A newly proposed plan to cost half the US Postal Service's mail processing centers and a small percentage of local post offices will only save $3 billion out of an expected $14 billion deficit next year. No more next day mail. That makes first class less valuable of course and will further hasten its decline.
WASHINGTON — Facing bankruptcy, the U.S. Postal Service is pushing ahead with unprecedented cuts to first-class mail next spring that will slow delivery and, for the first time in 40 years, eliminate the chance for stamped letters to arrive the next day.
A more rational approach would be to close the vast majority of local post offices and move their services into pharmacies, Wal-Marts, K-Marts, and other stores. That way employees of the stores can do postal transactions when needed with much lower labor costs. European countries have adopted this approach. So why not the US? Congressional representatives are more interested in satisfying postal union workers and other groups that want the status quo.
The focus on measures that slow the delivery of mail is being done because the USPS has more latitude to make changes in this area without Congressional approval. But slower delivery lowers the value of mail which will of course accelerate the decline in usage of mail. That's got upsides though: The USPS financial crisis will intensify and so Congress might feel enough pressure to vote authority to the USPS to shut down most local post offices.
Donahoe is calling for emergency legislation to remove the USPS from layoff protection agreements it has entered into with unions.
Unions for postal workers contributed $7 million in the 2010 elections, 90 percent to Democrats, according to the Center for Responsive Politics, a Washington-based research group.
I'm surprised they don't spend even more. Though the demand for their services is dropping so rapidly that the best they can do is delay their layoffs. Still a whole year of delay is worth more to each employee than $12.
My advice: Make your personal contribution postal service cost cutting. Move more billing online. Every time something comes in the physical mail ask how you can stop that source from sending you more mail. Here are ways to cut the flow of junk mail:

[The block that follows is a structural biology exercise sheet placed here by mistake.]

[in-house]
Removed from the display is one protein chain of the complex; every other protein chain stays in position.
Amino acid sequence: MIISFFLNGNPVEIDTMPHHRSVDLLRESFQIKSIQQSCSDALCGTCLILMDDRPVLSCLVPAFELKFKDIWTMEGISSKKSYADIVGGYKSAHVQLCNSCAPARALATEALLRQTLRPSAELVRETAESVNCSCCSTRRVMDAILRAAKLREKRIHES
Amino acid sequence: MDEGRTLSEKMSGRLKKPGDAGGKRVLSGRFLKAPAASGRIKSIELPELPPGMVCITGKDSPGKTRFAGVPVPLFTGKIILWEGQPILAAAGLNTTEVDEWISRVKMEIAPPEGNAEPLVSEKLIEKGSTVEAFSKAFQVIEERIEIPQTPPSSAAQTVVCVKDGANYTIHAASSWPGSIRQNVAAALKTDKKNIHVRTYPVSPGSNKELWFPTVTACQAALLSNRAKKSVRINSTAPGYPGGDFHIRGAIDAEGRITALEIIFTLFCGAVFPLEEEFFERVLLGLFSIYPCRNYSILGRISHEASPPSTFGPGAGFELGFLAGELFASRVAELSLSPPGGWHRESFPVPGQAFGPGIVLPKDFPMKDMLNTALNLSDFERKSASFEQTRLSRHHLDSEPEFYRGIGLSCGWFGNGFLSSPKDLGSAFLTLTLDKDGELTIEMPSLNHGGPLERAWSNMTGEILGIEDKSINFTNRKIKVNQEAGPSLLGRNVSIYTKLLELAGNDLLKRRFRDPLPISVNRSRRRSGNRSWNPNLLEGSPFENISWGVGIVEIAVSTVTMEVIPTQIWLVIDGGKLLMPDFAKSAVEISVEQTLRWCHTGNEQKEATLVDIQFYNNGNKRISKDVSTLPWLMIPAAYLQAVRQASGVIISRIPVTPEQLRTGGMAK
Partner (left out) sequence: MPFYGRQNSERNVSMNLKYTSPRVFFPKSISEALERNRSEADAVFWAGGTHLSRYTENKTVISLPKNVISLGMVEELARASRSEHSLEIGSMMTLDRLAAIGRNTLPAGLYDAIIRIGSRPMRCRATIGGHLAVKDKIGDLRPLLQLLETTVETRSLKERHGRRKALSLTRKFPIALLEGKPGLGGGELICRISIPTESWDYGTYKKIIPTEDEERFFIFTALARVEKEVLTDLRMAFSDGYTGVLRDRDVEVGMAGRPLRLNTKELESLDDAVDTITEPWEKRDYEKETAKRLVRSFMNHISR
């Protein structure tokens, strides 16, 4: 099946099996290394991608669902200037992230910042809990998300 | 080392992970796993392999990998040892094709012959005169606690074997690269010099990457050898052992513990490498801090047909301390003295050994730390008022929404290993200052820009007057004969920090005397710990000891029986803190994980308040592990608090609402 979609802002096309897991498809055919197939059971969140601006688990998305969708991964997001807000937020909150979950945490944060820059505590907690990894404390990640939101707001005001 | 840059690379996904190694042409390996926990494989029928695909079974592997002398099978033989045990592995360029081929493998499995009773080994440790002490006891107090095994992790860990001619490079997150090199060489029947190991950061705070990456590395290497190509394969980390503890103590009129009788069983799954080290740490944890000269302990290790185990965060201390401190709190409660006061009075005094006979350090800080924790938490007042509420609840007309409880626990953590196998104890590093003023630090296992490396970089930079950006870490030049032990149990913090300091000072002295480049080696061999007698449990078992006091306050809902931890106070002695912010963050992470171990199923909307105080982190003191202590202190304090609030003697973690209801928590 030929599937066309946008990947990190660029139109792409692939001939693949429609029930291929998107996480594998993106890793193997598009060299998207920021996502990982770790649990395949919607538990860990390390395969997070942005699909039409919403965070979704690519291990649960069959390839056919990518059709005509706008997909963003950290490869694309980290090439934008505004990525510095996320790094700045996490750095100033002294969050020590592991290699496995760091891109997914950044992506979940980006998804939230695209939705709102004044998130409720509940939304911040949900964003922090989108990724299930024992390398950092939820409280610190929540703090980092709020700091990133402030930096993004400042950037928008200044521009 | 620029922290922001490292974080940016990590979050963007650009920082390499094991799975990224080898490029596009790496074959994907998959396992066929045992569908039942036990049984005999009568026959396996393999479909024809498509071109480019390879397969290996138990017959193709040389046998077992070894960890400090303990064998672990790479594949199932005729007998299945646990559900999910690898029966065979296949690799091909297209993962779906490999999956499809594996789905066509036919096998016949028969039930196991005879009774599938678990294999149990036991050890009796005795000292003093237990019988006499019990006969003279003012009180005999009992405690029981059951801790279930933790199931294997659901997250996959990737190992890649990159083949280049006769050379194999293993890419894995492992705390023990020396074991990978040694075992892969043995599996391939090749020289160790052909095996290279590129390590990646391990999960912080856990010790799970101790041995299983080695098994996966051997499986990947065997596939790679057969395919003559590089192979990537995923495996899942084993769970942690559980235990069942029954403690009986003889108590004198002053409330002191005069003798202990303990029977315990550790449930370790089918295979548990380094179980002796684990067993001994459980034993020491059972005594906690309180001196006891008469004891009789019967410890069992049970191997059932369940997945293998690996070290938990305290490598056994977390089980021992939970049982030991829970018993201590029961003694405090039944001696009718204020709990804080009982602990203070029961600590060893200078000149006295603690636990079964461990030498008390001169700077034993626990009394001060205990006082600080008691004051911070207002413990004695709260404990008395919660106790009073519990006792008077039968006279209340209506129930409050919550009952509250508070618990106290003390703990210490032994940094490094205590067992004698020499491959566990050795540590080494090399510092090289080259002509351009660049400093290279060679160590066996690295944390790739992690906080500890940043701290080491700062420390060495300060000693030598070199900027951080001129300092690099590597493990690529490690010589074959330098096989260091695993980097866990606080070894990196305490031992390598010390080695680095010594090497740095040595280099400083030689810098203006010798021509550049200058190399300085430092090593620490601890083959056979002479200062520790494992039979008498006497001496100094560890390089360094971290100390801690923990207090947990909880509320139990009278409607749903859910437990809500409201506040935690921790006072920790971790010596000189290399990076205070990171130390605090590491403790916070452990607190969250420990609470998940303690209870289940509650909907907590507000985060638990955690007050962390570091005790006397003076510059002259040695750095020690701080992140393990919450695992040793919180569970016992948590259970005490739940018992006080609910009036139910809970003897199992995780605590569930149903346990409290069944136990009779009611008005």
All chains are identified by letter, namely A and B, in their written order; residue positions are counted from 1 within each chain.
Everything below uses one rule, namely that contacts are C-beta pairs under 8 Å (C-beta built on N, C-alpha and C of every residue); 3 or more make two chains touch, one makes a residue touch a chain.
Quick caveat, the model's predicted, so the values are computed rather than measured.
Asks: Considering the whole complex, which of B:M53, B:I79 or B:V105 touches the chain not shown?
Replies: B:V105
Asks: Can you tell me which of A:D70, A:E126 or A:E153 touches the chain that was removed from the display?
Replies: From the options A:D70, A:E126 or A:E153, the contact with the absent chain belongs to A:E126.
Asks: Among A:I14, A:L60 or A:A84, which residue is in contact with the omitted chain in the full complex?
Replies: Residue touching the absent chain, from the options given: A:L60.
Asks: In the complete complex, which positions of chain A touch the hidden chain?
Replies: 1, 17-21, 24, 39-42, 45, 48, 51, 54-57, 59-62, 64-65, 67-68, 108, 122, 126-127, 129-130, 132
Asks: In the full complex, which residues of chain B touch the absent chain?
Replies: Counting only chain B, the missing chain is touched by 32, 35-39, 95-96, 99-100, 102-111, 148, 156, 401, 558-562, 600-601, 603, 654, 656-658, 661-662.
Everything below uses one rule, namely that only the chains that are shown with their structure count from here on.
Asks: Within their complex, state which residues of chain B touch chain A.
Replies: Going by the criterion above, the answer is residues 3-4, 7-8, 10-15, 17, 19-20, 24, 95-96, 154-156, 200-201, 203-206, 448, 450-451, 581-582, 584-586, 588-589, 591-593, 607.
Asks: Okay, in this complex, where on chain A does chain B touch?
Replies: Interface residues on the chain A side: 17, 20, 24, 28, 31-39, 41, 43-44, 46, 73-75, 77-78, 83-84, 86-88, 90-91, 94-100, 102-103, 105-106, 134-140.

Update: Hey, some web sites provide easy ways to opt out of junk mail and catalogs for your physical mail box. Some associations of direct mailers have online forms for turning off the junk. I just went thru and listed myself on DirectMail.com's Mail Preference Registry. Opting out there is easy to do. I also registered (more steps required) for the DMAchoice.org mail preference service of the Direct Marketing Association (which one web page claims can cut your junk mail by 75%). Once you've registered and logged back in from the email response you need to go into each category and click on the bottom right button on each category to opt out of the entire category. You can also selectively do steps for individual companies listed there. Those are my first two steps to cut back on junk mail. If you are like me and rarely find anything useful in junk mail I suggest you do likewise.
Update II: To get rid of credit card or insurance mail offers use OptOutPrescreen.com which tells Equifax, Experian, Innovis, and TransUnion credit report firms not to use your credit info to help credit card and insurance companies know to mail to you.
Also, you can turn off Valassis Red Plum and Cox Target Media ValPak. For other web pages and also email addresses to send opt-out junk mail requests to see the Ecycycle.org opt-out suggestion list, the WikiHow Get Rid Of Junk Mail,and the Privacy Rights Clearinghouse fact sheet on junk mail.
Less mail means fewer distractions from life.
|Share |||By Randall Parker at 2011 December 04 09:08 AM Economics Government Effectiveness|